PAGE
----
By Susan Richards
The landmark report issued late last year by the National Institutes of Health (NIH) titled Oral Health in America: Advances and Challenges was recently reviewed by the INCISOR. The NIH and hundreds of professional contributors took a comprehensive look at the impact of oral health on the community and economy, from children to older adults, as well as emerging science and technology in the dental field.
While that report provided an overall look at the improvements and ongoing concerns in the United States, another study was released around the same time that broke things down state by state. National dental provider Express Dentist took a deep dive into what’s working and what’s not, ranking each state and the District of Columbia by using 25 key metrics from sources including the NIH, the American Dental Association (ADA), America’s Health Rankings, and more.
The Factors that Shape Oral Health
According to the Centers for Disease Control (CDC), approximately 37% of adults didn’t visit a dentist in 2020. Although COVID-19 can be blamed for some of that, people may have any number of reasons for neglecting their oral health, including dental anxiety, lack of insurance and money, or an inability to get to the dentist’s office.
Where people live can play a large part in their access to dental care. The CDC refers to the conditions where people live, work, learn and play that can impact a varying range of health risks as social determinants of health, or SDOH. Each state may contain multiple factors that combine to determine its oral health care ranking. Some of these indicators included in the Express Dentist report are:
- Ratio of dentists to people in the state
- Community water fluoridation
- Frequency of dental visits
- Medicaid coverage available for dental care
- Lifestyle habits such as smoking
- Personal attitudes toward oral healthcare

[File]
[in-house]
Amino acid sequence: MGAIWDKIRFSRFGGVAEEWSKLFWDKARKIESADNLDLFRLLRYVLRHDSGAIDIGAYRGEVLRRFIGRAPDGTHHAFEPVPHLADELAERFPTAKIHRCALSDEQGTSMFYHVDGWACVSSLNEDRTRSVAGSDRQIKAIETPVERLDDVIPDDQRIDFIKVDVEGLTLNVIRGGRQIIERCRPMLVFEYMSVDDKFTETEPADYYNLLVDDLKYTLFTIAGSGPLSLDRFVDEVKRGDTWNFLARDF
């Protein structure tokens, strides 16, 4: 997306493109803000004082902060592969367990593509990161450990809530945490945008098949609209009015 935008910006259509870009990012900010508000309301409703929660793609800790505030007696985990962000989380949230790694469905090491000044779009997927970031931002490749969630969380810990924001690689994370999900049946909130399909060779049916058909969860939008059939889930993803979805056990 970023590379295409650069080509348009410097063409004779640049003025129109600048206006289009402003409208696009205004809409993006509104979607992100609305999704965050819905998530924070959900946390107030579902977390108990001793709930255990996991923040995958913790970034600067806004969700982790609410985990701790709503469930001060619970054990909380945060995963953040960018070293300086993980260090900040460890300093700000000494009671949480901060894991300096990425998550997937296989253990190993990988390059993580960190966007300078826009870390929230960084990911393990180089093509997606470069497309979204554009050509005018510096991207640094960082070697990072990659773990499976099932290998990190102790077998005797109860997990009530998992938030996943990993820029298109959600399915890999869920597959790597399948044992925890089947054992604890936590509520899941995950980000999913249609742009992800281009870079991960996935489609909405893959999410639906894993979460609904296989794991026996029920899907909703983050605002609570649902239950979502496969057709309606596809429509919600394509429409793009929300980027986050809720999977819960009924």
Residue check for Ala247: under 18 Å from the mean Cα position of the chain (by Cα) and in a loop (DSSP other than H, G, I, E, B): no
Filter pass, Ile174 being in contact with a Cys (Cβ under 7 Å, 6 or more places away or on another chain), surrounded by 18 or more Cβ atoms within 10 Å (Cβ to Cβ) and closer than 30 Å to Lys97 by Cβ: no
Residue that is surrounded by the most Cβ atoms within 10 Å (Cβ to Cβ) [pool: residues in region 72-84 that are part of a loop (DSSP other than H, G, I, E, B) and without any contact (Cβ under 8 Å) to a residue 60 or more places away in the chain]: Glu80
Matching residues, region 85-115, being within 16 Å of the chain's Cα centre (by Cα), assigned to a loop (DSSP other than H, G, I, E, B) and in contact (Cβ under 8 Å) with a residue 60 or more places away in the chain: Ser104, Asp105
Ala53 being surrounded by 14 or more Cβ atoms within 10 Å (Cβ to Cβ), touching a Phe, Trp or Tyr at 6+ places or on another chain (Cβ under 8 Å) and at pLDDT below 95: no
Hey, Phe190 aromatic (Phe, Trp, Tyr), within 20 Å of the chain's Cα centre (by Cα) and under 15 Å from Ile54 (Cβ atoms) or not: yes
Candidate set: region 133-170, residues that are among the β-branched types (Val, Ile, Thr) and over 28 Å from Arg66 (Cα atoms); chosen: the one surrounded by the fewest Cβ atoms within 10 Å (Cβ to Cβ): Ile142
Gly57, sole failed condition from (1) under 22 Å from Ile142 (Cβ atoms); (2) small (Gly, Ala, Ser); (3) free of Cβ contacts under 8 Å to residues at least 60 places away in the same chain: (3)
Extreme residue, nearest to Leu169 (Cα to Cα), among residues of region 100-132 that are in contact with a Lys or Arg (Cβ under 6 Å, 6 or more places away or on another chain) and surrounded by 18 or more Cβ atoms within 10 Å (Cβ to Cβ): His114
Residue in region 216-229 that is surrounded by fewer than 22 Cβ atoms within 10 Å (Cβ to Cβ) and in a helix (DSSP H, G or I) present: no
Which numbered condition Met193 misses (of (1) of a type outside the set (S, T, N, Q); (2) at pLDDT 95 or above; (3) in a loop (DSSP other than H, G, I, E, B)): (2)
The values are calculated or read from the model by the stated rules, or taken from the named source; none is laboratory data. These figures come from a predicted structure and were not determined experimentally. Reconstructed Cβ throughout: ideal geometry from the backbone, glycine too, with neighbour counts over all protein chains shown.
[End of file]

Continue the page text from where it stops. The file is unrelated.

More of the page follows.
The survey also looked at reasons for the lack of regular dental care which could be a result of a low dentist ratio per capita or people unable to find a dentist. Surprisingly, Alabama has a low number of dentists per 100,000 people but only 5% of people surveyed cited the reason for missing appointments as being unable to find a dentist.
According to the NIH report, 18% of Americans live in rural areas and more than half of those regions have a dental provider shortage. These residents generally have to travel further, lack dental insurance, and are less likely to have fluoridated water. Rural residents have a greater percentage of untreated caries and edentulism, with West Virginia seniors ranking highest for complete tooth loss at 26%. COVID-19 exacerbated these deficits.
Cost and insurance were additional contributing factors to the high and low rankings in each state. Citing cost as the reason for not visiting a dentist in the previous year, Texas scored lowest with 18% and Hawaii at only 8%.
Access to Medicaid dental benefits is limited for low-income populations. With no federal mandate about dental care for adults on Medicaid, states vary on provisions. Most offer emergency dental services, but less than 50% of states provide full dental care for adults as opposed to children on Medicaid, who receive preventative and comprehensive care. According to the NIH report (pg. 77), Tennessee and Alabama offer no Medicaid dental coverage for adults and many of the states with limited benefits coincide with the lower ranking states on the Express Dentist report.
The Best and the Worst
With each of the 25 criteria worth up to four points each, states could achieve a maximum of 100 points. All told, Connecticut was the leading state with 86 total points and Arkansas came in last with 42. The top five and bottom five were rated as follows:
Top Five States for Dental Health
2. District of Columbia
5. New Jersey
Bottom Five States for Dental Health
50. West Virginia
You can find all the states in between and where they ranked as well as the key indicators used to determine the ranking, here.
Making a Difference
So, how do we level the oral health landscape from Connecticut to Arkansas? While disparities in income, insurance, and geographic access contribute to the decline in dental care, researchers with the National Center for Biotechnology Information (NCBI) consider these gaps to be avoidable and require interventions and changes in policy.
In addition to simply adding to the dental workforce, diversity is needed as well to promote inclusion and encourage more demographics to seek better oral healthcare.
One of the key indicators in the study – ‘dissatisfaction with life due to poor oral health’ – is both disheartening and encouraging. As dental professionals, we know the impact we can ultimately have on the quality of life – by the patient, by the community, and by state.
Author: Susan Richards is a staff writer at DOCS Education. With over 20 years of experience in local journalism and business marketing, Susan’s career includes award-winning feature writing, as well as creating content with context for a wide variety of industries.